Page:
The importance of CCHD pulse oximetry screening
February marks Heart Month, and at NSO, a time dedicated to raising awareness about critical congenital heart disease (CCHD) in newborns, affecting approximately 3 in 1000 babies in Ontario.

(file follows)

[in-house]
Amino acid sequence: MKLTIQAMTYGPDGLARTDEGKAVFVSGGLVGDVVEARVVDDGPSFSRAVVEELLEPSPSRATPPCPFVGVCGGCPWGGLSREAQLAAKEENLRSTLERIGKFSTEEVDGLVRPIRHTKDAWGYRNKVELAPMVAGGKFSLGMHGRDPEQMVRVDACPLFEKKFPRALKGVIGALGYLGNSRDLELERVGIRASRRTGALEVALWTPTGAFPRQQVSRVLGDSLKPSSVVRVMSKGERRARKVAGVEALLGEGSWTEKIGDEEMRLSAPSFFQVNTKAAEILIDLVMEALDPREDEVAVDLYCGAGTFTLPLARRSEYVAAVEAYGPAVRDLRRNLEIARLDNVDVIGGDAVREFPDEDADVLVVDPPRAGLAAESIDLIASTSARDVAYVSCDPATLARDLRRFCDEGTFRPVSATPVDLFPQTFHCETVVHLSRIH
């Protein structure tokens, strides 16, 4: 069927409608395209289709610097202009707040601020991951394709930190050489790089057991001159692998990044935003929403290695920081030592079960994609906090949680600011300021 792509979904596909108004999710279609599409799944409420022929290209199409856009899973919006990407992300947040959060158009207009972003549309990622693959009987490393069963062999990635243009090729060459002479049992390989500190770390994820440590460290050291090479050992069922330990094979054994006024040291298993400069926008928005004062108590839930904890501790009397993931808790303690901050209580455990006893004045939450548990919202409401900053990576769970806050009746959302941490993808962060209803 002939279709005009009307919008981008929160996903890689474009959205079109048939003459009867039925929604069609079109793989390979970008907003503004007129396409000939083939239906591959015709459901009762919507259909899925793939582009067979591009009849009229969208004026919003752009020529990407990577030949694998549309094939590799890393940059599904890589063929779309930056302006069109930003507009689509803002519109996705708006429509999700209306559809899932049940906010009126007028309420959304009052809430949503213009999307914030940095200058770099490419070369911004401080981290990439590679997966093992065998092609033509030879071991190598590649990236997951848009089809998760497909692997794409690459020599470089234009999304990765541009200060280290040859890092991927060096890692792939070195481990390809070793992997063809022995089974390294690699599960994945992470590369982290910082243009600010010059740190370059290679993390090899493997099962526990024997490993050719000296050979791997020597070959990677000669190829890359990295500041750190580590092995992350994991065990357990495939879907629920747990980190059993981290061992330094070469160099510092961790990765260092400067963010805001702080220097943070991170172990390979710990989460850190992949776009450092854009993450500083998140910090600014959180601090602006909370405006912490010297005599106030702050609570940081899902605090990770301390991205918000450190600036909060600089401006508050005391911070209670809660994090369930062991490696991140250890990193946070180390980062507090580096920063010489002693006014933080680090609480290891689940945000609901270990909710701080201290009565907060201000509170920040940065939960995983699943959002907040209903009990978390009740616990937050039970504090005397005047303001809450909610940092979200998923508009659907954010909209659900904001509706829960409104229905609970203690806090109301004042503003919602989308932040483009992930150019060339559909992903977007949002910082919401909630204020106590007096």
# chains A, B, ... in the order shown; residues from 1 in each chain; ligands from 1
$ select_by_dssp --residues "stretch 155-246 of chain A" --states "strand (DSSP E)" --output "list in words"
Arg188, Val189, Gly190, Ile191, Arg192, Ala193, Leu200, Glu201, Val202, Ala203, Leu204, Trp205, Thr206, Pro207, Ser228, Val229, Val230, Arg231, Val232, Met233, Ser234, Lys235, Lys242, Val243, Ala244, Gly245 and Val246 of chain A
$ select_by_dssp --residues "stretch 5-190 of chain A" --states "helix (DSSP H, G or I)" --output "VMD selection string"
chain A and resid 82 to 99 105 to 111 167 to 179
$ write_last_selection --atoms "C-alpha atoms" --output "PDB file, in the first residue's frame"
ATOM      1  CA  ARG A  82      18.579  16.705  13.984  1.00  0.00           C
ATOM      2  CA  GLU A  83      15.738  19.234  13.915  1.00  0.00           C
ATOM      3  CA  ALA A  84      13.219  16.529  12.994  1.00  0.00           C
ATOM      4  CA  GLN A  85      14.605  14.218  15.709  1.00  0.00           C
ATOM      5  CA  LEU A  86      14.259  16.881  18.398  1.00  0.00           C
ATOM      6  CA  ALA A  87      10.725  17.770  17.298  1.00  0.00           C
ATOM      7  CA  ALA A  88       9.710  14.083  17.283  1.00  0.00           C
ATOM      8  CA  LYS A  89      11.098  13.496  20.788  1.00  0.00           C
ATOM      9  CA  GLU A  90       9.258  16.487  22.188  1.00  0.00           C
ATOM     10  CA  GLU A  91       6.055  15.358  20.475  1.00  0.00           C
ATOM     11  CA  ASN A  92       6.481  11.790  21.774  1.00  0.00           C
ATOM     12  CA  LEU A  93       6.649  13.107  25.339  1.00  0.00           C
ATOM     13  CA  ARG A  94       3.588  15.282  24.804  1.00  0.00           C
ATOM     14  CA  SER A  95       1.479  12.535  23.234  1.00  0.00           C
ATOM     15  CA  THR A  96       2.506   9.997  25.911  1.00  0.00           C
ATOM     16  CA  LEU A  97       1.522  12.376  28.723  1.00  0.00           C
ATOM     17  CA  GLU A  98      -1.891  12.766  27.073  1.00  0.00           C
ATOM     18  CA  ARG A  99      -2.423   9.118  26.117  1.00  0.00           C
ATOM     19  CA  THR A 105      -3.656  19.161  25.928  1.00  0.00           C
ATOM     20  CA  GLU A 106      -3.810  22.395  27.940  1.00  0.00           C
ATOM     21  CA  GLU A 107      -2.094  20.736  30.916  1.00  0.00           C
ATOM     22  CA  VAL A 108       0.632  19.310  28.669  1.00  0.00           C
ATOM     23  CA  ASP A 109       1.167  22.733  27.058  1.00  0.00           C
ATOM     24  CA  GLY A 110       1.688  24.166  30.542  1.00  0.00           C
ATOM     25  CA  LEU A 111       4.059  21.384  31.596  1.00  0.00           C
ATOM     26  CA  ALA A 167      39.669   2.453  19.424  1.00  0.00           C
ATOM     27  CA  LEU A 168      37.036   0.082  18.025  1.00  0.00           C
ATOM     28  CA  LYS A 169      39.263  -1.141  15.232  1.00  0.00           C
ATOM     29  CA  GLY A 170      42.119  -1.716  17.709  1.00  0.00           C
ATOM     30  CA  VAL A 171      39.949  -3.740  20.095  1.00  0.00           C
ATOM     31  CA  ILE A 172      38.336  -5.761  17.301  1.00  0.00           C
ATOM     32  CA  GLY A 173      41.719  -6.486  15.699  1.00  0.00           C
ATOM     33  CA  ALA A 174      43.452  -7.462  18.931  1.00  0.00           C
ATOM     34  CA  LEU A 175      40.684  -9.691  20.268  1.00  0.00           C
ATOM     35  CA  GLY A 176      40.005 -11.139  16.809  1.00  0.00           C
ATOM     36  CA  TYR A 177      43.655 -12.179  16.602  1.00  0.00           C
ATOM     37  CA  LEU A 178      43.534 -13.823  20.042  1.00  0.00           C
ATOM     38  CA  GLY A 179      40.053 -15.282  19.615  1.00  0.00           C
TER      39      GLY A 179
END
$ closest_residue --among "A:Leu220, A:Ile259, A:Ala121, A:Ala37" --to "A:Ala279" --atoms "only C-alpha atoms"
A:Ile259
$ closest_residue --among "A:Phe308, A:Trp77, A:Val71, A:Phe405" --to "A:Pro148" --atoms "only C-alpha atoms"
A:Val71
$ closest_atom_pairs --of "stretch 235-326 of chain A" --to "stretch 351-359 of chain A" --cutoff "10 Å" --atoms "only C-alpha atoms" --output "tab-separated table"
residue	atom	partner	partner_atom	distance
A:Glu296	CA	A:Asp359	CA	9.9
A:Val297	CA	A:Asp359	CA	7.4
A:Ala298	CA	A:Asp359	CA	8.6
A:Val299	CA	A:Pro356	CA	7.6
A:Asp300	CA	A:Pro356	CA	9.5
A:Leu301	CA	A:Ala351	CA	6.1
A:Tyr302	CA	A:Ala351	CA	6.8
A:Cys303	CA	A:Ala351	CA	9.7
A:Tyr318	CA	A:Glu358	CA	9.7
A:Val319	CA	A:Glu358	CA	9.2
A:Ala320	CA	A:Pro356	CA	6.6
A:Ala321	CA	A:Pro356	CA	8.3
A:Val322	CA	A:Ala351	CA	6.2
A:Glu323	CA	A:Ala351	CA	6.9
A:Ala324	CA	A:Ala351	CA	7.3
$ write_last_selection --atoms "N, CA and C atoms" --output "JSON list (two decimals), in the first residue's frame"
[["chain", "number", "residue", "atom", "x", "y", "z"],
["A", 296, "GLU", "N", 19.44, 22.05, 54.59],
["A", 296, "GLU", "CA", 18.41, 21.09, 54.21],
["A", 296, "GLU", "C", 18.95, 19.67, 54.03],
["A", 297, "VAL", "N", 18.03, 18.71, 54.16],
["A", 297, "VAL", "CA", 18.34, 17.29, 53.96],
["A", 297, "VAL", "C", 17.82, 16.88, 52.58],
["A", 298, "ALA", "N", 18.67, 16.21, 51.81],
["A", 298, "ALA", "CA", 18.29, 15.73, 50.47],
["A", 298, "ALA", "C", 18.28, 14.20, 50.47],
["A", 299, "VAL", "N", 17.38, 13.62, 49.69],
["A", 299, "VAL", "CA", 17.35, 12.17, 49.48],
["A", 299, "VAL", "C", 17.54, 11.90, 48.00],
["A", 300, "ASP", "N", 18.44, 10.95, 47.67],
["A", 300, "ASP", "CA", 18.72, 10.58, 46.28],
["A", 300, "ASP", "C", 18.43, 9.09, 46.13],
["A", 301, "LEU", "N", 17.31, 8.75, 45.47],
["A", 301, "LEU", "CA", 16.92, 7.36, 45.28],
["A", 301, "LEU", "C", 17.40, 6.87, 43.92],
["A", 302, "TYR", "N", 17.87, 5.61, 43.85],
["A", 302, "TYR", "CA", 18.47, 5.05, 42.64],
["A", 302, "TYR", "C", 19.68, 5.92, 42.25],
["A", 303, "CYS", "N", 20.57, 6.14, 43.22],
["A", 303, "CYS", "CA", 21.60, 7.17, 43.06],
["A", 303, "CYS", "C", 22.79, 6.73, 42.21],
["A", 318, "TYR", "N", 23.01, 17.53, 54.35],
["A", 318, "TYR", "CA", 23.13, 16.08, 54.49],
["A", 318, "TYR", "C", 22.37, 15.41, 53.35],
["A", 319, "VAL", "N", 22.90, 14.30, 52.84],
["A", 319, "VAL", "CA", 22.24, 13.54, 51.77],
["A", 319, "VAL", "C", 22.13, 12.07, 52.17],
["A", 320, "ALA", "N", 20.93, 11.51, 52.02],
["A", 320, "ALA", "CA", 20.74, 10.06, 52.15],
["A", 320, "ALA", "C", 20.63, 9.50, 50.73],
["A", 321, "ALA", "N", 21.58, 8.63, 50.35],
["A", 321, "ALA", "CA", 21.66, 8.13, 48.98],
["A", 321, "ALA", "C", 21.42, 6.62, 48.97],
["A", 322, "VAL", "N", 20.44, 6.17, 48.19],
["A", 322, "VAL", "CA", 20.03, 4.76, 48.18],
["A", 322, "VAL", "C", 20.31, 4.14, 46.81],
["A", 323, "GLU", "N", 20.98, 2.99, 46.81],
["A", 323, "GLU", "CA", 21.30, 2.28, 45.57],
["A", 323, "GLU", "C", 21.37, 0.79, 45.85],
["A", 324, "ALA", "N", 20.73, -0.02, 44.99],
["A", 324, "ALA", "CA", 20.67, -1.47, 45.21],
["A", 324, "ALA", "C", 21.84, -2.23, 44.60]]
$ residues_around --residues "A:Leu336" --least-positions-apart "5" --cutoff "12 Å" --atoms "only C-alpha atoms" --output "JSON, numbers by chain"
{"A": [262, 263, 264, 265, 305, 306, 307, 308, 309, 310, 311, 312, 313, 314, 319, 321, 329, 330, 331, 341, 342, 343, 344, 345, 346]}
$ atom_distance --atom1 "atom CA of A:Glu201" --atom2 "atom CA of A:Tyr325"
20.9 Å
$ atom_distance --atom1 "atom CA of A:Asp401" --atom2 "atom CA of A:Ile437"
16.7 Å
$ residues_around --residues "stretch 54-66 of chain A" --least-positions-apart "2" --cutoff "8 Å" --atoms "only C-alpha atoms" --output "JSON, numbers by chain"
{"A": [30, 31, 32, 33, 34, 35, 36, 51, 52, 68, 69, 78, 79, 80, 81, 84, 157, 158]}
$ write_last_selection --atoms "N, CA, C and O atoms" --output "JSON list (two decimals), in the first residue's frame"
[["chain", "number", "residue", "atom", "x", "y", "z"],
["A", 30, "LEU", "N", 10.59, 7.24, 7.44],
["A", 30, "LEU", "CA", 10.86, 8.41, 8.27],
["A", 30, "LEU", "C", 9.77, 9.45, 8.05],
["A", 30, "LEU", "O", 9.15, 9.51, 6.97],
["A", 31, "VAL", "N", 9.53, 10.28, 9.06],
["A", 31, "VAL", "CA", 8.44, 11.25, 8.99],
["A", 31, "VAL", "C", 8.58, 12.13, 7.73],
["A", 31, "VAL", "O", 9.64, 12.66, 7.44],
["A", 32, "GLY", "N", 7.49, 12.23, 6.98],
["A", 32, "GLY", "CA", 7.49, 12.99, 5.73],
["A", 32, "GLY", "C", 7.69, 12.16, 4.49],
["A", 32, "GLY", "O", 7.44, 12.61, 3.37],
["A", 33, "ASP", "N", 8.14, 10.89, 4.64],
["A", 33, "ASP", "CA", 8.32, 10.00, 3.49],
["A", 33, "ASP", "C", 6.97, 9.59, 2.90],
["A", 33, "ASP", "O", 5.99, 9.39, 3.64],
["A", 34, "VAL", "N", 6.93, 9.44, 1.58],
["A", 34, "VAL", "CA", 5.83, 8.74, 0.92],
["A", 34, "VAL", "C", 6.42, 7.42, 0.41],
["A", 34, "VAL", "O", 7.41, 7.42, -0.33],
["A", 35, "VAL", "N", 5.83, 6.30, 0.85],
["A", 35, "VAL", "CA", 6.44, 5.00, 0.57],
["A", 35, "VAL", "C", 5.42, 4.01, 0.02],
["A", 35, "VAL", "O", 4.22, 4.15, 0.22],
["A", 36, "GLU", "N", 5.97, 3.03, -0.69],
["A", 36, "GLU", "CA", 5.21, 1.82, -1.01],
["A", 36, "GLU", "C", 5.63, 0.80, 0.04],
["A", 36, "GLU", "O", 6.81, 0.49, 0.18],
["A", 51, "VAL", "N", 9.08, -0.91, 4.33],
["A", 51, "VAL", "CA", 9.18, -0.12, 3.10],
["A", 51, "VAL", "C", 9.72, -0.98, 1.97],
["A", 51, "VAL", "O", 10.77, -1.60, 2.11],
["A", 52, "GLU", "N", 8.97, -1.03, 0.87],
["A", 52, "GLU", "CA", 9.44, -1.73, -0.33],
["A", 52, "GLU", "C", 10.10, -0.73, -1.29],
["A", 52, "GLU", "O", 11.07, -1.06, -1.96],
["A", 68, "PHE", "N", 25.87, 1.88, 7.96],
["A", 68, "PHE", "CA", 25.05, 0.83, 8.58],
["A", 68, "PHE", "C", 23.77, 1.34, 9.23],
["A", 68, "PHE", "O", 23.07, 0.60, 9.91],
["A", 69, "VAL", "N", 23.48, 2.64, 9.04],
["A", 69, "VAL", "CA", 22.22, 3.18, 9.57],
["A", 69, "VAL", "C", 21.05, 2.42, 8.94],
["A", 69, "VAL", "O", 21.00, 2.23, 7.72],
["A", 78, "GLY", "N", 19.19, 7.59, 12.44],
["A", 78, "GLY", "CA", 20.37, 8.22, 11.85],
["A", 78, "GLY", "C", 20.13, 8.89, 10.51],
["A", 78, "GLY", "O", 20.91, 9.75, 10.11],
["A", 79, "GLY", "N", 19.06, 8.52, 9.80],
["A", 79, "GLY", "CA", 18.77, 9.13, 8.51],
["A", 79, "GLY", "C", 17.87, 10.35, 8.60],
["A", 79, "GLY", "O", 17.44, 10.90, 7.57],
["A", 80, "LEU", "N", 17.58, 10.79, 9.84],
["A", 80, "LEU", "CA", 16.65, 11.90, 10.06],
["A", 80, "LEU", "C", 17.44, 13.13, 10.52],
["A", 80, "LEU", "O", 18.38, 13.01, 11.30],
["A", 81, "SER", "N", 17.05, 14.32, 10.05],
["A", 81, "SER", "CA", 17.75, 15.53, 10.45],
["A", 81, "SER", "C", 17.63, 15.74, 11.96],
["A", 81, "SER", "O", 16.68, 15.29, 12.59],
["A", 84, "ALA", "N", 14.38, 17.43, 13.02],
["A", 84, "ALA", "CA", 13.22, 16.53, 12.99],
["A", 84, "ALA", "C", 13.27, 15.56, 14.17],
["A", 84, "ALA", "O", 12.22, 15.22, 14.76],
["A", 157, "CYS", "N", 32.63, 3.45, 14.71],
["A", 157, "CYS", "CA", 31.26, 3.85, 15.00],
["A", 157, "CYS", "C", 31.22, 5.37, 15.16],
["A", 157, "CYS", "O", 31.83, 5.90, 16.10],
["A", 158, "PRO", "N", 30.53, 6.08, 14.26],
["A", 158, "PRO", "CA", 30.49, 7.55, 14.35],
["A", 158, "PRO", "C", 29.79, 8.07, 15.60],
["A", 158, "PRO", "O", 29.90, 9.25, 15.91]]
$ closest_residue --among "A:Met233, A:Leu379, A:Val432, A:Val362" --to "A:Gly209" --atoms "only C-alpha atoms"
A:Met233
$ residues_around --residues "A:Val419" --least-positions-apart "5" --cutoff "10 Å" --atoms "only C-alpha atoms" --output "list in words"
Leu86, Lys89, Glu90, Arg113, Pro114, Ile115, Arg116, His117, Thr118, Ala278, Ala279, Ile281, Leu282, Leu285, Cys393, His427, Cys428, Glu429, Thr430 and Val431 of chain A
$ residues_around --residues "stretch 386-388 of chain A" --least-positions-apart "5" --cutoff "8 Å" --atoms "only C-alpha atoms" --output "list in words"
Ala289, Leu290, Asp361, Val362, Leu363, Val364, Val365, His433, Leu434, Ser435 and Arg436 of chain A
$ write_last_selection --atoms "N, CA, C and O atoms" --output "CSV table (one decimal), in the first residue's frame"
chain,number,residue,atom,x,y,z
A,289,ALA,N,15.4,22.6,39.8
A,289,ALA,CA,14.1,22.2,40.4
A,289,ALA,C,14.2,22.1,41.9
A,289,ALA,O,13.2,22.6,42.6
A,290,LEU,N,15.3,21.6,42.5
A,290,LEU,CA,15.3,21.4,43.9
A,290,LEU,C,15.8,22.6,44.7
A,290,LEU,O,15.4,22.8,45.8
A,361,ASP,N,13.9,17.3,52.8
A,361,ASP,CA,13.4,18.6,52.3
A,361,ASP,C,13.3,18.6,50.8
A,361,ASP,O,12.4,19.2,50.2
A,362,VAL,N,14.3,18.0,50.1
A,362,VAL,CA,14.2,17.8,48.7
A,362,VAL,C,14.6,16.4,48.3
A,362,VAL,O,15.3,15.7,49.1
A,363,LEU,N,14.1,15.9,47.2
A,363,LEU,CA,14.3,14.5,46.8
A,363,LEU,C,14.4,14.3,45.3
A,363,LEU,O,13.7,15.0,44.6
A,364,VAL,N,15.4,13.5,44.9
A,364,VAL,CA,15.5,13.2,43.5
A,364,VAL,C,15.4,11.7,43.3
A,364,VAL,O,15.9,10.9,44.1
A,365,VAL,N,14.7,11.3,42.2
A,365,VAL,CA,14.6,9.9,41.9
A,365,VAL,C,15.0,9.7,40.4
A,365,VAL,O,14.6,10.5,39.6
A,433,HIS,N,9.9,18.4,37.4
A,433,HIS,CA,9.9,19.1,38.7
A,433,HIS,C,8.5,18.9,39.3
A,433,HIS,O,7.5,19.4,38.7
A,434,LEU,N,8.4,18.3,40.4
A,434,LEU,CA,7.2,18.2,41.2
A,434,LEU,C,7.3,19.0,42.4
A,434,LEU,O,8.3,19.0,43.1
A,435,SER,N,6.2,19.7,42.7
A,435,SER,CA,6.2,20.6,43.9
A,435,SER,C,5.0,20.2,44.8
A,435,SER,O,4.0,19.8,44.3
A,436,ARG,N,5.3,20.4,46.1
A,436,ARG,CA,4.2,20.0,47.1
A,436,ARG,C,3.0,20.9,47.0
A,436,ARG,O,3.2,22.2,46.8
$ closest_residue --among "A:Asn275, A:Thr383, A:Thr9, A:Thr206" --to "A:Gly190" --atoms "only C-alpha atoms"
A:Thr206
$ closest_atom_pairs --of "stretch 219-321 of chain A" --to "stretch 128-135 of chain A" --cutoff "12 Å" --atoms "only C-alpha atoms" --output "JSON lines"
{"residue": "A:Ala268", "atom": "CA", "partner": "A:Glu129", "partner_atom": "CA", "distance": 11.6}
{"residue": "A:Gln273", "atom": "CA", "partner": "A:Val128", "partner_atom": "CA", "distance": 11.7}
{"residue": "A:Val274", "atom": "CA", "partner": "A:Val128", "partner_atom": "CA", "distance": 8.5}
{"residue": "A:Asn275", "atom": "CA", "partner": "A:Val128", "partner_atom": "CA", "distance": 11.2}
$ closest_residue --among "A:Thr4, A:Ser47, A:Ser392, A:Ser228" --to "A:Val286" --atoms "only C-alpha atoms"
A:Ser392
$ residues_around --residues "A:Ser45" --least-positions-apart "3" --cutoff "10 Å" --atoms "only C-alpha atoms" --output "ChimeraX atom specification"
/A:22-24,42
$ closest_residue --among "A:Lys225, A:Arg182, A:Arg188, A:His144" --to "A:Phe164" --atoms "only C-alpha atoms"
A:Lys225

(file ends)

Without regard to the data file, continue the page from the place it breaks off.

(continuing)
CCHDs are life-threatening conditions that affect the structure of the heart and heart vessels causing a disruption in the flow of oxygenated blood to the rest of the body. Screening for CCHD involves placing a sensor on the hand and foot of the newborn to measure oxygen levels in the newborn’s blood. Low oxygen levels can indicate the presence of CCHD, prompting the need for further assessment and necessary medical intervention. Pulse oximetry screening plays a vital role in early detection so that health care providers can initiate appropriate treatment, improving outcomes and reducing the risk of complications. Without early detection, babies with CCHD are at risk for serious health complications or even death. Screening programs like CCHD screening can better safeguard the health and well-being of our babies, protecting them from the burden of undetected heart conditions.